- to take the place of (another), as through force, scheming, strategy, or the like.
- to replace (one thing) by something else.
Origin of supplant
Synonyms for supplantSee more synonyms for on Thesaurus.com
Related Words for supplantedsupersede, succeed, usurp, overthrow, unseat, undermine, oust, force, crowd, eject, expel, transfer, remove, bounce, ring, substitute, outplace
Examples from the Web for supplanted
Contemporary Examples of supplanted
We live in the world of Zero Dark Thirty; factual accuracy has supplanted fantasy technology.Writing a Novel: Even Making It Up Requires Research
July 16, 2014
But there was so much of myself that was kind of supplanted into that character.‘Boyhood’ Star Ellar Coltrane: An Astonishing Debut 12 Years in the Making
July 11, 2014
After World War II, college football began to be supplanted in the imagination of New Yorkers by the professional game.New York City Is the Storied Football Capital of the USA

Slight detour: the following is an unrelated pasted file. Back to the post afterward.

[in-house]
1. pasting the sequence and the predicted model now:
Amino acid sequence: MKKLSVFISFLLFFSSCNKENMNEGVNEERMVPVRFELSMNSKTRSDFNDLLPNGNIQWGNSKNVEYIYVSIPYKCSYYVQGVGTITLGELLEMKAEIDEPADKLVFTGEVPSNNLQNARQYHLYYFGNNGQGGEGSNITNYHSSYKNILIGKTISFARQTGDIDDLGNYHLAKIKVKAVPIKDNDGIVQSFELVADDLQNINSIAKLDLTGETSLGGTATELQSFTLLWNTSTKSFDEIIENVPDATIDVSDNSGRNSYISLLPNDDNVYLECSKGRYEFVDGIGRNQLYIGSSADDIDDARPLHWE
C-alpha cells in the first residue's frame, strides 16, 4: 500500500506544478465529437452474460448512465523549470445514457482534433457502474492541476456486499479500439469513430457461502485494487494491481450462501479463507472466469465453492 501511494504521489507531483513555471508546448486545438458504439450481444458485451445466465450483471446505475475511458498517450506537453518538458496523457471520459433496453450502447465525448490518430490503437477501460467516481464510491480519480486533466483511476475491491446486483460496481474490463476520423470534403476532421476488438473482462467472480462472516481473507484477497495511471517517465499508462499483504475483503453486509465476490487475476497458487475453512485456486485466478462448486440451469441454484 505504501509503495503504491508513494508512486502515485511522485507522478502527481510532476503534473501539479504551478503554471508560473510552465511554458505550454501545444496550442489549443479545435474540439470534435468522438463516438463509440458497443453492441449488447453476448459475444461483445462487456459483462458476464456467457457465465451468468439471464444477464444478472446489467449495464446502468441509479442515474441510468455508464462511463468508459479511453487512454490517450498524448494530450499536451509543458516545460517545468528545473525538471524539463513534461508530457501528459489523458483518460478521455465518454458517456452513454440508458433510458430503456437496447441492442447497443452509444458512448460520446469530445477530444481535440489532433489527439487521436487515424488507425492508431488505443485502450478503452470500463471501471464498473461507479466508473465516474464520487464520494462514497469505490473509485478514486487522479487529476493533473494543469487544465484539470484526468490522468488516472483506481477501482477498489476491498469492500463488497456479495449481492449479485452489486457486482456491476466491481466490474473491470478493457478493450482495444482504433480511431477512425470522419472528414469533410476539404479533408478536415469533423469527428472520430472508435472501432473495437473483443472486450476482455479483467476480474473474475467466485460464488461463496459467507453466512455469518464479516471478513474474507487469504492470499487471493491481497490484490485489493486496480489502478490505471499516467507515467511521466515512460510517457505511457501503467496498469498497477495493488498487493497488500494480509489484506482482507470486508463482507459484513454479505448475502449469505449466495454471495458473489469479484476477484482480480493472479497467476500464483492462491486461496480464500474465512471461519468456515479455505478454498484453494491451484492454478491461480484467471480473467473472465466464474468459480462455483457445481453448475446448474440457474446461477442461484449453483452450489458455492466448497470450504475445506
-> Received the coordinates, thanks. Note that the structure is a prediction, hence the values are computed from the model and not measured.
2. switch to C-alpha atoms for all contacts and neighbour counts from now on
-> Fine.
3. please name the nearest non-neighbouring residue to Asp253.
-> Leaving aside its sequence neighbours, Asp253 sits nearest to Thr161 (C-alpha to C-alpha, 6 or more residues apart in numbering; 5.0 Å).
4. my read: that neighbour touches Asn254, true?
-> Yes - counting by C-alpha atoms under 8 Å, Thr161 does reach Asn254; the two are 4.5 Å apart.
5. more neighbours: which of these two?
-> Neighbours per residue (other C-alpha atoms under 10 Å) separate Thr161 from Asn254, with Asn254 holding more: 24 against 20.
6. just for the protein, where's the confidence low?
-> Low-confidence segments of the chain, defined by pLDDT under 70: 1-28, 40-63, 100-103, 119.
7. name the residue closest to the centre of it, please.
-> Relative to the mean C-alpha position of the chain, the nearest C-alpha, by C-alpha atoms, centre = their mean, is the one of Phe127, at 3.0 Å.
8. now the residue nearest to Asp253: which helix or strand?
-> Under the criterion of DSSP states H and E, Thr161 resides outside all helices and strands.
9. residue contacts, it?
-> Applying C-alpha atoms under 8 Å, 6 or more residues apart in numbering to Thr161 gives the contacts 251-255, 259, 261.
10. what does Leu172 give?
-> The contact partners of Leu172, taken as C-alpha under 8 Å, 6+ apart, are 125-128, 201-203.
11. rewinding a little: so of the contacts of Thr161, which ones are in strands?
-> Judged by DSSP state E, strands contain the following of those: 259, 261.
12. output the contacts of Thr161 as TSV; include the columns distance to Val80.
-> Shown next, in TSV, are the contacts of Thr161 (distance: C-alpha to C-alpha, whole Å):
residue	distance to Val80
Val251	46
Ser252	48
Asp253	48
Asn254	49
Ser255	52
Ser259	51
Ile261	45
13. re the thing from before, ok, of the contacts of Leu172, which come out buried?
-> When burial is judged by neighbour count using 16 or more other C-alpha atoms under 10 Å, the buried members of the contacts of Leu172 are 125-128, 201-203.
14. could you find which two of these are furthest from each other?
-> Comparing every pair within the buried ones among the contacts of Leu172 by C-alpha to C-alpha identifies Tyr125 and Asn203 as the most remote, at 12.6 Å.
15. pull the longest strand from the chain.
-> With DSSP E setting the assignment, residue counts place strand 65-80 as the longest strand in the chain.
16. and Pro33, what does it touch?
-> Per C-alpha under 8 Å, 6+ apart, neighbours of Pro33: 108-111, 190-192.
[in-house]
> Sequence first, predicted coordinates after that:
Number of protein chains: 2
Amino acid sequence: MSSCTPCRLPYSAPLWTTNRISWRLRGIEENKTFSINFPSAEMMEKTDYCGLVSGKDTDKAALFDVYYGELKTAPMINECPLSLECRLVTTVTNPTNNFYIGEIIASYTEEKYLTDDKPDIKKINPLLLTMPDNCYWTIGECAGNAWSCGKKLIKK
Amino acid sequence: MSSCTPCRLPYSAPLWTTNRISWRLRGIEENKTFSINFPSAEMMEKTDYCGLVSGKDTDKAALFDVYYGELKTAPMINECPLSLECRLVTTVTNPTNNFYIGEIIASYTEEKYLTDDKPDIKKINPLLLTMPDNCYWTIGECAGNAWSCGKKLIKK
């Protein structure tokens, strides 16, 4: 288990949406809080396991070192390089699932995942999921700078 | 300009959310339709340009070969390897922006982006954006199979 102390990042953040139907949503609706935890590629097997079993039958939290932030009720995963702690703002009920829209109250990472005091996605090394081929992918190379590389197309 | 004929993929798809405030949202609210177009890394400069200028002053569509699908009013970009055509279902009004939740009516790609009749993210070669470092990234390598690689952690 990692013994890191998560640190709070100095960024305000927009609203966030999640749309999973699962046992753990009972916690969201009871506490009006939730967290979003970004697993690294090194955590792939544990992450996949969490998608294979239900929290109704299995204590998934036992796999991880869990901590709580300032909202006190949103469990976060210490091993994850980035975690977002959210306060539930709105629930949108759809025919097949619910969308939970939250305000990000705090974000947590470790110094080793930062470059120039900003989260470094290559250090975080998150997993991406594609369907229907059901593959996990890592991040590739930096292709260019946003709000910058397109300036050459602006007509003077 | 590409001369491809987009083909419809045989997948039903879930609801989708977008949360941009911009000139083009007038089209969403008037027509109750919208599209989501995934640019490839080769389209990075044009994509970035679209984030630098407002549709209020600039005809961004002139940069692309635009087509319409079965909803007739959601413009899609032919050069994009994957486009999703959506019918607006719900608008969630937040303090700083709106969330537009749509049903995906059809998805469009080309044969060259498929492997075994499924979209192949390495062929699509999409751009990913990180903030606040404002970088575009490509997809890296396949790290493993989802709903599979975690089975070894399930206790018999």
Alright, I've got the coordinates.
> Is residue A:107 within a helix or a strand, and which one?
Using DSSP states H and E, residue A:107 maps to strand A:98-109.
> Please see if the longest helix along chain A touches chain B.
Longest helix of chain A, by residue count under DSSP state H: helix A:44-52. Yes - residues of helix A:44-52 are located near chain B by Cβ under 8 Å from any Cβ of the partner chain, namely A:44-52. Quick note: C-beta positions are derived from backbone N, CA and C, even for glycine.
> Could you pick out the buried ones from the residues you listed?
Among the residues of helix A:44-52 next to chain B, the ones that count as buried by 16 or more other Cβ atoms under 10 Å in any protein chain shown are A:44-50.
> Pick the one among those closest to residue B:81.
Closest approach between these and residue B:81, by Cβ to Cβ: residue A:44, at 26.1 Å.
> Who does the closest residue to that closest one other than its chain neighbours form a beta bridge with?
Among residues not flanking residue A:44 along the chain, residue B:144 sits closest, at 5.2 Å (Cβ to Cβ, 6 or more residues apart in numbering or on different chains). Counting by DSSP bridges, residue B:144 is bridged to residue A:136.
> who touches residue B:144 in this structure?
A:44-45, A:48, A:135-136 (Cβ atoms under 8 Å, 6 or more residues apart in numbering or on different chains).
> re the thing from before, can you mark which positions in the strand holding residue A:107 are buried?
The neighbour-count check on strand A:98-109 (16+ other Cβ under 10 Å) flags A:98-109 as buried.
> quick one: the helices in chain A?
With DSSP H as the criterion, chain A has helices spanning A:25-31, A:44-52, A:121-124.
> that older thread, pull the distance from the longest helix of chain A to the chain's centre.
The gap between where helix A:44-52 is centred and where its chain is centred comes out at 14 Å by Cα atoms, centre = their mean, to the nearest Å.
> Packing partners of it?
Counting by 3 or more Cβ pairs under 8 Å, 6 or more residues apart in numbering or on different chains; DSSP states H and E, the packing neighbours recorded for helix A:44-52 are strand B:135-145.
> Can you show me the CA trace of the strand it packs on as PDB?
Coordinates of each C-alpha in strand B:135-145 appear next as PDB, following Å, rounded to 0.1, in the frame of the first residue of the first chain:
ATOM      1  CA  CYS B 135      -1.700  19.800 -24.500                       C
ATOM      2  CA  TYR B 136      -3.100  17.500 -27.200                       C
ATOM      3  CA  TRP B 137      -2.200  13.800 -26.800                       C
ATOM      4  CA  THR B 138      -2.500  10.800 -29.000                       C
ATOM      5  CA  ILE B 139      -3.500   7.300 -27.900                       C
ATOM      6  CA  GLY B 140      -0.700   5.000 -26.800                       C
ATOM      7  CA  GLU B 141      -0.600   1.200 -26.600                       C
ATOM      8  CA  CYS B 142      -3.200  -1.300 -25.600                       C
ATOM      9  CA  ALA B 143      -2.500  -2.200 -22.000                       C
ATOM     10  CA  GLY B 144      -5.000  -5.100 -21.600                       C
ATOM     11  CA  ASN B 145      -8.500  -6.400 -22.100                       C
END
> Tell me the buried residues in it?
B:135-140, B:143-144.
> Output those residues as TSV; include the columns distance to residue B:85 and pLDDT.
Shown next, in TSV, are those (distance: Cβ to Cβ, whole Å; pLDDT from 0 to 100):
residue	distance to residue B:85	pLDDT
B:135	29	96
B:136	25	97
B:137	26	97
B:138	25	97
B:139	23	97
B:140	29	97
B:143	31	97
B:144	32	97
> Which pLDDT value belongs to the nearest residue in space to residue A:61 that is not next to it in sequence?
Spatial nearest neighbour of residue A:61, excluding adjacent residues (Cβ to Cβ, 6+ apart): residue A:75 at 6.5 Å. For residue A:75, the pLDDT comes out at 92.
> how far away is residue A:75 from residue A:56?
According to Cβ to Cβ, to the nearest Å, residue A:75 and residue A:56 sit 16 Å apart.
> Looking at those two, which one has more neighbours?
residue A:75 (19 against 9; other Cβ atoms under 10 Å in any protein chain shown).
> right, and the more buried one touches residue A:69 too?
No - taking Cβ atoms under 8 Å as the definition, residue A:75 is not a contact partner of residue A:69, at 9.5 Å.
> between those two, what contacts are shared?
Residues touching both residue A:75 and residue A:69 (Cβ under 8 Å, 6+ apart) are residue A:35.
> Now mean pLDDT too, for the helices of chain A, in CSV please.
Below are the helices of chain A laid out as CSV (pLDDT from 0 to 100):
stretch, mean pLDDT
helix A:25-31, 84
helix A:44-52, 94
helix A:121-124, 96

January 26, 2014
Defense hawks have been supplanted by debt hawks, and this policy shift is making itself heard.Deciphering the Sequester: It's All About the Spending
February 26, 2013
All too quickly, of course, they are supplanted by giants, wizards, magical buses, and flying brooms.‘The Casual Vacancy’ Review: J.K. Rowling Cuts Loose From Harry Potter
September 27, 2012
Historical Examples of supplanted
Its visor grinned at him--the fool, the tricked, the supplanted.Viviette
William J. Locke
The truth was that the husband had been killed and supplanted by the horse.Aino Folk-Tales
Basil Hall Chamberlain
Oh, yes, I recollect now;—you are the person who have supplanted my son.The Politician Out-Witted
He had supplanted the captain whose captaincy he afterwards held.
Who was the man I supplanted, as you say—the man who has made me pay dear for it, as you think?
- (tr) to take the place of, often by trickery or forcehe easily supplanted his rival
Word Origin for supplant
c.1300, "to trip up, overthrow, defeat, dispossess," from Old French supplanter "to trip up, overthrow," from Latin supplantare "trip up, overthrow," from sub "under" + planta "sole of the foot" (see plant (n.)). Meaning "replace one thing with another" first recorded 1670s. Interesting sense evolution parallel in Hebrew akabh "he beguiled," from akebh "heel."